Monday, September 25, 2006

Is Bakhit in trouble?

It seems that a cozy meeting at the International Affairs Society between the members and the prime minister ended with some quite interesting statements. The PM told the attendees that US’ policy was decided in Tel Aviv, and that our strategic reserves of fuel are enough for 33 days, rather than the official 3 month number that is typically used.

Anyway, attempts to scratch the statement from the reports of the meeting were unsuccessful, and our new private news agency, Ammon News, published the quote on line. A subsequent report said that “higher references” were angry about the statement, although the implications of this anger are unclear.

Al Quds al Arabi carried a report on the incident and goes on to suggest that a change of government might be in the cards soon. My feeling is that if every politician who makes an inadvisable statement is forced to quit, then we would run out of politicians rather quickly. Wait. We are running out. There are many people in Amman who live for cabinet changes, and so rumors like this are greeted with much relish.

As for me, I am numb. I would rather give Hajjaj enough time to draw a decent cartoon of Bakhit.


At 7:17 PM, Anonymous Anonymous said...

Alghad daily columnist Samiah Al-Maitah [my favorite] hinted in one of his articles a couple of days or so ago that a change in the government is drawing near by the day, he didn't put a time table on it. Usually, Mr.Almaitah sources are very reliable, so yeah I think that there is a change in the offing.

At 8:31 PM, Blogger Madi said...

Does it really matter if he's in trouble or not ? or does it matter if we are going to witness another change in the government ?

Jordan local and foreign policy will remain the same as there many inside and outside factors force (or kind-of) to remain the same.

Or let me put it in this way, as Jordanian, I do not care about the next prime minister, I don't even care to know his name or his history what I care about is the real changes and real reformation which is very predictable at this time.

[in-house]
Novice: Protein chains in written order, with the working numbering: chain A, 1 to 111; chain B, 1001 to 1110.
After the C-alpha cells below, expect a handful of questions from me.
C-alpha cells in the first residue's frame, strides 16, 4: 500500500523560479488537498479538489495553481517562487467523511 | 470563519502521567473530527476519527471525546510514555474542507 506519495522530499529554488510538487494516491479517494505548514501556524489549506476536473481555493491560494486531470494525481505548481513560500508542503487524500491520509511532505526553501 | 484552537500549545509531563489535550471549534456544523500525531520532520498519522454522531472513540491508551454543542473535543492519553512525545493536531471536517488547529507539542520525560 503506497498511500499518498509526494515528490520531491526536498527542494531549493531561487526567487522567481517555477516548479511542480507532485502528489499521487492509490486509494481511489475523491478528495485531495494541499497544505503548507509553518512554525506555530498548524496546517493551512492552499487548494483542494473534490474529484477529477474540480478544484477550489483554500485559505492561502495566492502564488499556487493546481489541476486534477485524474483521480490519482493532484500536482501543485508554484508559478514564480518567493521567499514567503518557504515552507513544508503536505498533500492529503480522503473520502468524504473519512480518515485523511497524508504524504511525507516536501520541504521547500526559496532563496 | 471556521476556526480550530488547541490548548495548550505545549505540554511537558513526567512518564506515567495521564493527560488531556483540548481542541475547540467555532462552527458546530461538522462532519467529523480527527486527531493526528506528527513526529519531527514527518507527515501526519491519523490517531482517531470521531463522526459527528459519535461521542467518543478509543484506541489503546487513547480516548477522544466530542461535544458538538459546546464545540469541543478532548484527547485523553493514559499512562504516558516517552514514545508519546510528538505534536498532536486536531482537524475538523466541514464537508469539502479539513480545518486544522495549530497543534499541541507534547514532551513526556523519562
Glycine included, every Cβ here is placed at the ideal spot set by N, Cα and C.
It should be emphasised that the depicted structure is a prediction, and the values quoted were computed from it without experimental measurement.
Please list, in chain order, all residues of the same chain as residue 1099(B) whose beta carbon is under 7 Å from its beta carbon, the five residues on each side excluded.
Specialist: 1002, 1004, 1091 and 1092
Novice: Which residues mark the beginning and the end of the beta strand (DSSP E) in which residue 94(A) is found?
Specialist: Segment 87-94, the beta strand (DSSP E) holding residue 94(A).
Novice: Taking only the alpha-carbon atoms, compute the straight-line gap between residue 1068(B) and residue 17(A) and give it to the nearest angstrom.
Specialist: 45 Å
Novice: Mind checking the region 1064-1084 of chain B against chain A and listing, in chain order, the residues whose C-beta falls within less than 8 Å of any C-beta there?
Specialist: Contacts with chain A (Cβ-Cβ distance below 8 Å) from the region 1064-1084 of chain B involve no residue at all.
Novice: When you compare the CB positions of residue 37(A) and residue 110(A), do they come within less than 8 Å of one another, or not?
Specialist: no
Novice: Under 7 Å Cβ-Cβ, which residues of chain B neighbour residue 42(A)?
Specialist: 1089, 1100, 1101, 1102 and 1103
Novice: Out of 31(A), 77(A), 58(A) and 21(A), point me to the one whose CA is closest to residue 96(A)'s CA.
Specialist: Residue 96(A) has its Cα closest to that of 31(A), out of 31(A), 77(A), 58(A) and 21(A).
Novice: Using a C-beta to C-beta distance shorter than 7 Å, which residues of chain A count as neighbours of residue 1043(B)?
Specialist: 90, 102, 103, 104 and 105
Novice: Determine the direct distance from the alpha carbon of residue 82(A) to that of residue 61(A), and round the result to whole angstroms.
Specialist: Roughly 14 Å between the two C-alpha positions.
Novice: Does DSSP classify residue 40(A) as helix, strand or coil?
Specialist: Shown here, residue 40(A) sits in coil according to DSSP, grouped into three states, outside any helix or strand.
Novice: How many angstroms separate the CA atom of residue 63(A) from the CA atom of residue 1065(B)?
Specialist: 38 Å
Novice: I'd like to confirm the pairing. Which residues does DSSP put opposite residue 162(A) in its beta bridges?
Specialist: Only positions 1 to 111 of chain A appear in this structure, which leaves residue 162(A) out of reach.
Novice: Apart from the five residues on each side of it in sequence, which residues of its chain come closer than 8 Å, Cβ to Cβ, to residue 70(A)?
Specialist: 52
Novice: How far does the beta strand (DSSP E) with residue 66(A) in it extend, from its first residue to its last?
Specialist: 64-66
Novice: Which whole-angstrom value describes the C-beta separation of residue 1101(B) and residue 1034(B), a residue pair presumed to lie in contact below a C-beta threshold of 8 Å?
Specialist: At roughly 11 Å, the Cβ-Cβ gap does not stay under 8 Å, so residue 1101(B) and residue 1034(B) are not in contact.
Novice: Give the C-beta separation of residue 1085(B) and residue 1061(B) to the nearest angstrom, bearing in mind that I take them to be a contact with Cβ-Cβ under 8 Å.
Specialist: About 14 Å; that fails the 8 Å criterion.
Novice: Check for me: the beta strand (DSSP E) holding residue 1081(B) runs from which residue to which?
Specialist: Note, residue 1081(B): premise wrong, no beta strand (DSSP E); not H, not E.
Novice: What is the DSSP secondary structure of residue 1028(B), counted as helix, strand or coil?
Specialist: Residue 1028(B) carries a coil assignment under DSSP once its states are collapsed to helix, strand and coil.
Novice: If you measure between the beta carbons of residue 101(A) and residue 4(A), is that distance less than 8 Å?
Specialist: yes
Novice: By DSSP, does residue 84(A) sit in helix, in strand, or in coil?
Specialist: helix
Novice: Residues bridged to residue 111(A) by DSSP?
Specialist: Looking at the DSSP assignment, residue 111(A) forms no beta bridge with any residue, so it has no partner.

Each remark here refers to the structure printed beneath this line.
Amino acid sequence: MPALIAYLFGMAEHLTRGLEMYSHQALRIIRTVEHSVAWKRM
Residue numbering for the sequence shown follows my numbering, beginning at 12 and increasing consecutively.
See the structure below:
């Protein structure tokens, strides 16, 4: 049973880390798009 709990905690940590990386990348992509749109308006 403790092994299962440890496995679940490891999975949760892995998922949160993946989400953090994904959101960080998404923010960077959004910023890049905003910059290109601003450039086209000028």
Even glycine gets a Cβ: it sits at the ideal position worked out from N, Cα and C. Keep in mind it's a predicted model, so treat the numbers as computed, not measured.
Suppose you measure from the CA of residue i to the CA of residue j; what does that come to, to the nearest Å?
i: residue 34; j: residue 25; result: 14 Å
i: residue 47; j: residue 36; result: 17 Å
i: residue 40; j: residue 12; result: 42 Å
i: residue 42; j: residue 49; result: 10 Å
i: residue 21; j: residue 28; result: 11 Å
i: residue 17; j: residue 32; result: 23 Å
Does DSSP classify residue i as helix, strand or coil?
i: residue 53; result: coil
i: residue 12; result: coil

At 9:20 PM, Blogger Khalaf said...

Hatem: I am not sure. All governments go through months of rumors before anything happens. Keep your phone charged, though!

Jad: I doubt that we will see such a heroic figure who will fix everything. This is due to the simple reason that most problems are too ingrained to be solved by any one person. This is especially true since the time frames PM's work with are too short. Also, their power is too limited (which is a good thing).

At 11:53 PM, Anonymous Anonymous said...

if a change is coming it might coincide with the 11/9 anniversary. that being said i'm not so sure that it will happen. this is a pretty strong government in the context of past governments. they've also gotten more done in one year than the other cabinets have.

i'd expect a cabinet reshuffle perhaps. either way it's the crown that dictates agenda. it reminds me of that game where you have to run with a spoon and an egg and then pass it to the next person...every government just tries to run with the spoon as smoothly as possible. some break the egg some have a pretty smooth ride. but the egg remains an egg at the end of the day.

At 12:01 AM, Anonymous Anonymous said...

Shaiek George ben Bush El Texani will issue his fatwa in the next 72 hours. May the Pentagon be with you Brother Bkhait.

At 6:27 AM, Blogger Khalaf said...

Nas: We'll see. I am not fond of rapid changes in the government, so from that pespective I hope you are right. As for the 11/9 anniversary, I don't think that would be appropriate.

Anon: The new fatwa law in Jordan restricts fatwas to a government fatwa board. Others are not allowed and can be punished with a fine.



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